The networks announced last week they will throw a "Music Independence Day" party that day, showing videos and giving exposure to artists at a time it can be hard for them to break through to a larger audience.
Each of the networks began their lives as music video channels but shifted to other, more lucrative programming through the years.
Music programming is limited now -- a wee hours dance party on MTV, the "Jump Start" morning show on VH1, a weekend Hot 20 on the country-oriented CMT. Much of their music content now is concentrated online or on digital channels like VH1 Classic.
"This hearkens back to the core of these music brands," said Van Toffler, head of the Viacom Networks.
MTV on July Fourth will have hours devoted to particular music genres, highlighting artists like Justin Timberlake, Bruno Mars and Macklemore & Ryan Lewis.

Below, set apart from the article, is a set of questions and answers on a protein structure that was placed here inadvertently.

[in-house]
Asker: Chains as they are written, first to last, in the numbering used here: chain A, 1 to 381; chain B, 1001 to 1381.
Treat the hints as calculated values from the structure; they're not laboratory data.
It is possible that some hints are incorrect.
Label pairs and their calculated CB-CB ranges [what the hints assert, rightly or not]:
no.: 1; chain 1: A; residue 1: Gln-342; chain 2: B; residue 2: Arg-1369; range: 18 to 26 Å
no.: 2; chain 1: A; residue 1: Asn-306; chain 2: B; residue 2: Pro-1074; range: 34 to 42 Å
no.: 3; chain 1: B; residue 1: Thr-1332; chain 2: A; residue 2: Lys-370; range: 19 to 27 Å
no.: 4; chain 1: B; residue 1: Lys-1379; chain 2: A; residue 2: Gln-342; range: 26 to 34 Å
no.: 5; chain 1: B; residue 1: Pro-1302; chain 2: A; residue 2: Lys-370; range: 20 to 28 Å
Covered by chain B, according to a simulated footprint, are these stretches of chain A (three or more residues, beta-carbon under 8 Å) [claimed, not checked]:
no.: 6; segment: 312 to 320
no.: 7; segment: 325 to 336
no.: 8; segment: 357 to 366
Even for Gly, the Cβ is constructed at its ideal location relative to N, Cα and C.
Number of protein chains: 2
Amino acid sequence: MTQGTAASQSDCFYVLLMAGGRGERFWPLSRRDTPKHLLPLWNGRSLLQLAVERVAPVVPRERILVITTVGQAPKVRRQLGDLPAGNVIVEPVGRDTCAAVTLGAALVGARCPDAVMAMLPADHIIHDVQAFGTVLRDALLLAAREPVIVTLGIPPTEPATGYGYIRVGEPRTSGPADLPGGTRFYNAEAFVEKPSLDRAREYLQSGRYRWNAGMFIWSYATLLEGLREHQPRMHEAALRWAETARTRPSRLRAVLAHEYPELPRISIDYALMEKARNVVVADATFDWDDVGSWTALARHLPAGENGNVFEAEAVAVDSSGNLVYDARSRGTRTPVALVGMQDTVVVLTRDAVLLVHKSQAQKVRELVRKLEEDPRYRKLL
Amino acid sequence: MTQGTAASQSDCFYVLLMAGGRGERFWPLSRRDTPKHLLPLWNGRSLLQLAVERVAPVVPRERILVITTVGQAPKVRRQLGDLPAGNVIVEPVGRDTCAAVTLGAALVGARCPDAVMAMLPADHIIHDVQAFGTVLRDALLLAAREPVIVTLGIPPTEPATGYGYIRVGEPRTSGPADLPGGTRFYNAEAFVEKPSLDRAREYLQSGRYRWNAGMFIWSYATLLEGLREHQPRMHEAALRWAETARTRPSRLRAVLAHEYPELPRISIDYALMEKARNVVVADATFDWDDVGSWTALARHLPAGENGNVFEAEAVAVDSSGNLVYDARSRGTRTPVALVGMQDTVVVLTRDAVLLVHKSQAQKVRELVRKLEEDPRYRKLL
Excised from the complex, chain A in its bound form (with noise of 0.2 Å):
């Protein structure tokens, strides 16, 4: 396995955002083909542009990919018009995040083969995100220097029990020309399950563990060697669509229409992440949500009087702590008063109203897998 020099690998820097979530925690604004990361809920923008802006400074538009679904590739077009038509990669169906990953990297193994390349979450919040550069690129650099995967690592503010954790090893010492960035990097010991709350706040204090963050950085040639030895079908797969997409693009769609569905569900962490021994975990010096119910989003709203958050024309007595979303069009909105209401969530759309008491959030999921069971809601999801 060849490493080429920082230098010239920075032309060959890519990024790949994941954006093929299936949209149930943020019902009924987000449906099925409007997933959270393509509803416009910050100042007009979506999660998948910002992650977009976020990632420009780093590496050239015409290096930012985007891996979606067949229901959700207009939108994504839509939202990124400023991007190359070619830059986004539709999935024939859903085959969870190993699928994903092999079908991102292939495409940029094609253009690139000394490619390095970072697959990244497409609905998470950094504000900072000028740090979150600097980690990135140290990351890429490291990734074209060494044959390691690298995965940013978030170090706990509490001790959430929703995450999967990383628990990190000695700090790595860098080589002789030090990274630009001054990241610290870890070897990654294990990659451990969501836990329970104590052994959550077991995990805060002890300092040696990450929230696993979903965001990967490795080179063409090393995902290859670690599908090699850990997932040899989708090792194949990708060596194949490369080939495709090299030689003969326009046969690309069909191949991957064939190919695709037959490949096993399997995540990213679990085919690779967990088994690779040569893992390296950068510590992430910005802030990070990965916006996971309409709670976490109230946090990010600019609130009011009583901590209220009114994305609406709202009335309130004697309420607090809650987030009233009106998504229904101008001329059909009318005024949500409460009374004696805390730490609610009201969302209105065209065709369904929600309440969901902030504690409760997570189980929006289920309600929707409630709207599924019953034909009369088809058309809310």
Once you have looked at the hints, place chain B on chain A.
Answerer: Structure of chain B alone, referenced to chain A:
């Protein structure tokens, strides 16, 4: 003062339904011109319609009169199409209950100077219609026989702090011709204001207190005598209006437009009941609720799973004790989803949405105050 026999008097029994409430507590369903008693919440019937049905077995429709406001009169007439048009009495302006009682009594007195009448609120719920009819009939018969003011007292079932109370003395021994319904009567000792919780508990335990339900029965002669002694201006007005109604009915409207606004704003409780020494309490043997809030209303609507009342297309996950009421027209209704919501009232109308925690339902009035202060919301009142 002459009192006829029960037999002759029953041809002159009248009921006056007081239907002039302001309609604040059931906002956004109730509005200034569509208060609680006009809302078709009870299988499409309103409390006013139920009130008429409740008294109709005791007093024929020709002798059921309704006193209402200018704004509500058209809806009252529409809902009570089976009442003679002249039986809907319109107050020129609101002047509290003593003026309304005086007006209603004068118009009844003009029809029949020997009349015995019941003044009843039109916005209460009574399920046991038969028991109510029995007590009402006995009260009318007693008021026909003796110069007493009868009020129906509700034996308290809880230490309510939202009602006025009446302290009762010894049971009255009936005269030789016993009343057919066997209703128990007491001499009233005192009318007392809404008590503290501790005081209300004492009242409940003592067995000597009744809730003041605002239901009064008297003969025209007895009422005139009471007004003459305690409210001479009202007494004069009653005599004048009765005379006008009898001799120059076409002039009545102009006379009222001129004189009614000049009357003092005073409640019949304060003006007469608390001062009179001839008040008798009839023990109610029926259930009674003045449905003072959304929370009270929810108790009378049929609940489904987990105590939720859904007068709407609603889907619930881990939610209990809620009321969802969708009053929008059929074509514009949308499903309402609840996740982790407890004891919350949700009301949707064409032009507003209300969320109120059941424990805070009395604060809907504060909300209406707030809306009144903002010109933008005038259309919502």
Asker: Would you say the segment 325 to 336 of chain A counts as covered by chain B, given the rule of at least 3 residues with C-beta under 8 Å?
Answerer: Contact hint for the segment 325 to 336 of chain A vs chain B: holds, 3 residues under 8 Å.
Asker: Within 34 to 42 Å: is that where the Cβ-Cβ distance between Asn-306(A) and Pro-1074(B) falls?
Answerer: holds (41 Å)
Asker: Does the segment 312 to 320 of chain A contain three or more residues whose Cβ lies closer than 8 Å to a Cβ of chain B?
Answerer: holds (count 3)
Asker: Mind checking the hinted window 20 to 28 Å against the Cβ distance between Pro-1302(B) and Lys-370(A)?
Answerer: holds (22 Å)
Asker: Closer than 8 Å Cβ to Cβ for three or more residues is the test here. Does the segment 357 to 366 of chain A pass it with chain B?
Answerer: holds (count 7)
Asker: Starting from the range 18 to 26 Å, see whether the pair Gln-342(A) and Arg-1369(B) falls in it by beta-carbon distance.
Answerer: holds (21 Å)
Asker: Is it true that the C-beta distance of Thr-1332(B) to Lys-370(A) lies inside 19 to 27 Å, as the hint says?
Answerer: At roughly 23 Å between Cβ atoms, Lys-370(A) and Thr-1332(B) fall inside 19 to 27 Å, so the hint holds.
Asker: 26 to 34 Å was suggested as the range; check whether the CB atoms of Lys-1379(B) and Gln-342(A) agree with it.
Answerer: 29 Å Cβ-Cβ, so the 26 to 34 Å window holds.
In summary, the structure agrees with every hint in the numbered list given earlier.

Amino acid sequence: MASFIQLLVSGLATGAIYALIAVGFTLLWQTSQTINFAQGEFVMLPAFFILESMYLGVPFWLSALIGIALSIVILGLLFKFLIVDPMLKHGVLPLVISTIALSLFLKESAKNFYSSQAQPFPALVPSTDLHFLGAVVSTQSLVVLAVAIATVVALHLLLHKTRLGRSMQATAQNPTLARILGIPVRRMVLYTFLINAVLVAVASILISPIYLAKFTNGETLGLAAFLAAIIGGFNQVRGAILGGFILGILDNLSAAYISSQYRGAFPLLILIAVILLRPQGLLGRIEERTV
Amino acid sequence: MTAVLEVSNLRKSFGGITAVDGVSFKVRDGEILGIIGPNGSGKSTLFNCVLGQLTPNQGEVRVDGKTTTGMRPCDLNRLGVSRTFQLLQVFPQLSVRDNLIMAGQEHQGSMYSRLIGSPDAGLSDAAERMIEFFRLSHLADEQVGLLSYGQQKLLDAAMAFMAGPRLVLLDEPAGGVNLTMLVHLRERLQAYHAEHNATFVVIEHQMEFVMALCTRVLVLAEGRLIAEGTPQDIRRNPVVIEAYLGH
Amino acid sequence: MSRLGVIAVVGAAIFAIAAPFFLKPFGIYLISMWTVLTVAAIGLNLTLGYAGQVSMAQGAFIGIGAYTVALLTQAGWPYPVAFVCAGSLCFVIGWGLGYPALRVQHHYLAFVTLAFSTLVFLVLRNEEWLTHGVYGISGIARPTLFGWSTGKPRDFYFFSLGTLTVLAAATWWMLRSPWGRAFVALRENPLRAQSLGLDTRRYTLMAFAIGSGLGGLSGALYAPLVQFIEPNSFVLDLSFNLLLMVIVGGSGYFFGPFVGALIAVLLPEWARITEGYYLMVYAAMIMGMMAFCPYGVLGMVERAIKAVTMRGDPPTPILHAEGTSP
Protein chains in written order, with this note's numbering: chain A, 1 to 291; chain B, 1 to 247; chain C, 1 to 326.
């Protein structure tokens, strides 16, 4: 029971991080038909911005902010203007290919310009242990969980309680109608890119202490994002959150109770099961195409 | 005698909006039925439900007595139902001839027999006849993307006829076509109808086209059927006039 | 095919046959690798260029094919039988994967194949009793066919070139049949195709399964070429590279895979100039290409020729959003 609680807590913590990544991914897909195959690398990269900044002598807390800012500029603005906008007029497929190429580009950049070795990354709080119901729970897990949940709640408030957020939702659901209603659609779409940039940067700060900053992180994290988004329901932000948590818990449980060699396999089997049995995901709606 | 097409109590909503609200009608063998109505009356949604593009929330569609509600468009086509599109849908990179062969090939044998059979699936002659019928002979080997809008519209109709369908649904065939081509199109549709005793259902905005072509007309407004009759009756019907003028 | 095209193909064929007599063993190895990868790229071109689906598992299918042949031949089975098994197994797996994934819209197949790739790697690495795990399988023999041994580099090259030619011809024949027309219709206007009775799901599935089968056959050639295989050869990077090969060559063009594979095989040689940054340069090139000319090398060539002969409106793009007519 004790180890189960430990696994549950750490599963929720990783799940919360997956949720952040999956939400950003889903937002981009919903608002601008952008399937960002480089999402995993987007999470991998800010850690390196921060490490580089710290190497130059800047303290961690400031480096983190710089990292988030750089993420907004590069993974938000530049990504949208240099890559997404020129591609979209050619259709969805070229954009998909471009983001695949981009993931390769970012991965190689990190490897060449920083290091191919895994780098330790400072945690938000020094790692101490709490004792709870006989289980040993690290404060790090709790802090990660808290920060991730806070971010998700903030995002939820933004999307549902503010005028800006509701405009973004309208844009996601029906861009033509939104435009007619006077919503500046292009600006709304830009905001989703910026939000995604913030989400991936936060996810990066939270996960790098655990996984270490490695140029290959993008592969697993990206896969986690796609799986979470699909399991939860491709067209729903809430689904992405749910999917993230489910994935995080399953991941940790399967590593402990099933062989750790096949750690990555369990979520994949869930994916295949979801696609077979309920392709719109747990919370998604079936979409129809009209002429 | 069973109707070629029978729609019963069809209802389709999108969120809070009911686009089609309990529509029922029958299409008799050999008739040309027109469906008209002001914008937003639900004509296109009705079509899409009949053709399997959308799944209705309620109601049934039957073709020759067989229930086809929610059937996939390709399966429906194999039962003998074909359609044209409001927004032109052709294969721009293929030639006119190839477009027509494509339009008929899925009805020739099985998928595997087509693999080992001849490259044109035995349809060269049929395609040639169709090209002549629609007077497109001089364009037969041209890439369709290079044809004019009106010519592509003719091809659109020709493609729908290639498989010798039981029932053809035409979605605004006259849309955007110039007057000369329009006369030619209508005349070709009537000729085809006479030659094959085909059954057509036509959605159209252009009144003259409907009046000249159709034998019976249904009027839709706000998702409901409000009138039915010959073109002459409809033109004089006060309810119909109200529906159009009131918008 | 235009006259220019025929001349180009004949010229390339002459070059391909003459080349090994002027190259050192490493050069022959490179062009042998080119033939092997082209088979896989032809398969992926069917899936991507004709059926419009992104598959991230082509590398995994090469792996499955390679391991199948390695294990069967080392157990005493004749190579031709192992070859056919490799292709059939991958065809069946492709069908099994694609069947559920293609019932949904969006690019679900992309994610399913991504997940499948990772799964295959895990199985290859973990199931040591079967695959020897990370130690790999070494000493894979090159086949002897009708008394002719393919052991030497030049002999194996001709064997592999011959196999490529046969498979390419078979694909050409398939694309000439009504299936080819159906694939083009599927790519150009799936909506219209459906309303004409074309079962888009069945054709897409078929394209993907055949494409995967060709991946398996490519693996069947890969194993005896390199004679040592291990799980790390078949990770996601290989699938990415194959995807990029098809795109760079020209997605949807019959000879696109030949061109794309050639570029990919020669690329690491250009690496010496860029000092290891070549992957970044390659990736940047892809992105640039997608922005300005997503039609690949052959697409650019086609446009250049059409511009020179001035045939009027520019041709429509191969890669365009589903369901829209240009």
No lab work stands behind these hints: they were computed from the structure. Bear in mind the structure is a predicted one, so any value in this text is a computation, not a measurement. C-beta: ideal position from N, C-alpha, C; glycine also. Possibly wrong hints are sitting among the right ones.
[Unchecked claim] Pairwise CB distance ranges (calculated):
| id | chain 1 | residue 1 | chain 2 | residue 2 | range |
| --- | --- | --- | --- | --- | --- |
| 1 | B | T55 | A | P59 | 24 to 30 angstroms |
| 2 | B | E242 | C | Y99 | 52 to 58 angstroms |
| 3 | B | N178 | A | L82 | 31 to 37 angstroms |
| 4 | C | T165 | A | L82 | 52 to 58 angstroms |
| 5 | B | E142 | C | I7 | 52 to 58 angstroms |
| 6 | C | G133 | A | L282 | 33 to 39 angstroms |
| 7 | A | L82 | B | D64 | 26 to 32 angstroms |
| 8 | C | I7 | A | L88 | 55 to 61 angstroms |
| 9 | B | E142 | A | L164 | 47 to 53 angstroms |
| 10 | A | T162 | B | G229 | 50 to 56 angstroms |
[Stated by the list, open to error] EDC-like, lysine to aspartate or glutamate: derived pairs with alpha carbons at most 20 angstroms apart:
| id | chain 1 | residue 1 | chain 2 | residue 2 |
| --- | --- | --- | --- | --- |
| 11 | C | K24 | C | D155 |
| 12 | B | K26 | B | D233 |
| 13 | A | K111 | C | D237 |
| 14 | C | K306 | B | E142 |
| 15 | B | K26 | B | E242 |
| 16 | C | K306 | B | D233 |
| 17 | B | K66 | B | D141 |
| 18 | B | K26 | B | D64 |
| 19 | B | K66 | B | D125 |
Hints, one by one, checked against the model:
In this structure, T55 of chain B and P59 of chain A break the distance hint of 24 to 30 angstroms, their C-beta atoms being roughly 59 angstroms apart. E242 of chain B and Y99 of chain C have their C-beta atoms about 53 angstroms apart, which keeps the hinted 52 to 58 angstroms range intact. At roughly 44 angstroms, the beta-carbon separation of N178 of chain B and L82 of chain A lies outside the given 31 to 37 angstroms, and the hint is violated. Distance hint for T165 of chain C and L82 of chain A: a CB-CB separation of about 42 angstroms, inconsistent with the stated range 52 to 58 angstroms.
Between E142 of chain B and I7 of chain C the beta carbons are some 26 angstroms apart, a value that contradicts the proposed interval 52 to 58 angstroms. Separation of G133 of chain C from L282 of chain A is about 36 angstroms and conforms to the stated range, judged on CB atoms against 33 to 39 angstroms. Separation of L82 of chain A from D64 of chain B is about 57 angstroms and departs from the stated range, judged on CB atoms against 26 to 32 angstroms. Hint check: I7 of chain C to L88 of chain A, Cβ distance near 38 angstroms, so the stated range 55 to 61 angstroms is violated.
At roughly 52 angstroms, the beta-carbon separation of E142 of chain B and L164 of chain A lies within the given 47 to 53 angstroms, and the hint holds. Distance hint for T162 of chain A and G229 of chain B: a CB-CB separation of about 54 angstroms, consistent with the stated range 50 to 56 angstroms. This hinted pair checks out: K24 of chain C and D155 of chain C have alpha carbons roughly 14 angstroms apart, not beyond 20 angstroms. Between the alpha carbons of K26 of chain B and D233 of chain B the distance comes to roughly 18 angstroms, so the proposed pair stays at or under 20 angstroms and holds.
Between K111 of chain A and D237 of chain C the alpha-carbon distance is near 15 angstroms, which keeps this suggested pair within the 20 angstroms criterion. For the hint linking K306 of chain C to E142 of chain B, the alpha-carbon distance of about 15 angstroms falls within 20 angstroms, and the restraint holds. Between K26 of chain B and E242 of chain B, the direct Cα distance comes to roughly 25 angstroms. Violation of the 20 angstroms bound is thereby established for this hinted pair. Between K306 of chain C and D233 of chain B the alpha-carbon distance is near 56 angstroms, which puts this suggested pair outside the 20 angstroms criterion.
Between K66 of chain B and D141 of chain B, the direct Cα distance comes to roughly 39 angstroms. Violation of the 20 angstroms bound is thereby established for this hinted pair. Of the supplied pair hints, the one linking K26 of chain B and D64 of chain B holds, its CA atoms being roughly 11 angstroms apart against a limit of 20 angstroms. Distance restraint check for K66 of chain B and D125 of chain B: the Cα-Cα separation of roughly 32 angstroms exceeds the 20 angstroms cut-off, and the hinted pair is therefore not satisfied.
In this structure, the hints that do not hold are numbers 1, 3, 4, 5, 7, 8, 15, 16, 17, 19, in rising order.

VH1 will show videos and performances from the likes of Alicia Keys, Pink and Maroon 5, and telecast a live concert that night from Philadelphia featuring the Roots and John Mayer.
CMT will offer a "barbecue playlist" of artists like the Avett Brothers, Carrie Underwood and Luke Bryan.
The networks are also offering emerging bands a chance to set up their own online pages on the Artist Platform and compete to have their videos shown on TV.
Even if they don't make it on the air, it's good exposure and provides a gathering place for fans, Toffler said.
If a bluegrass band earns enough to buy a new tour bus or a rap act purchases new equipment because of the exposure, then Toffler said he will consider it a success.
At a time it can be confusing for fans to seek out new music, the special event emphasizes the networks' ability to curate material for fans, he said.
"In part it is to remind people what an immersive experience we can provide so people can hear the music and the artists and the stories behind the artists," he said.
The networks will offer themselves up as soundtracks for Fourth of July parties.
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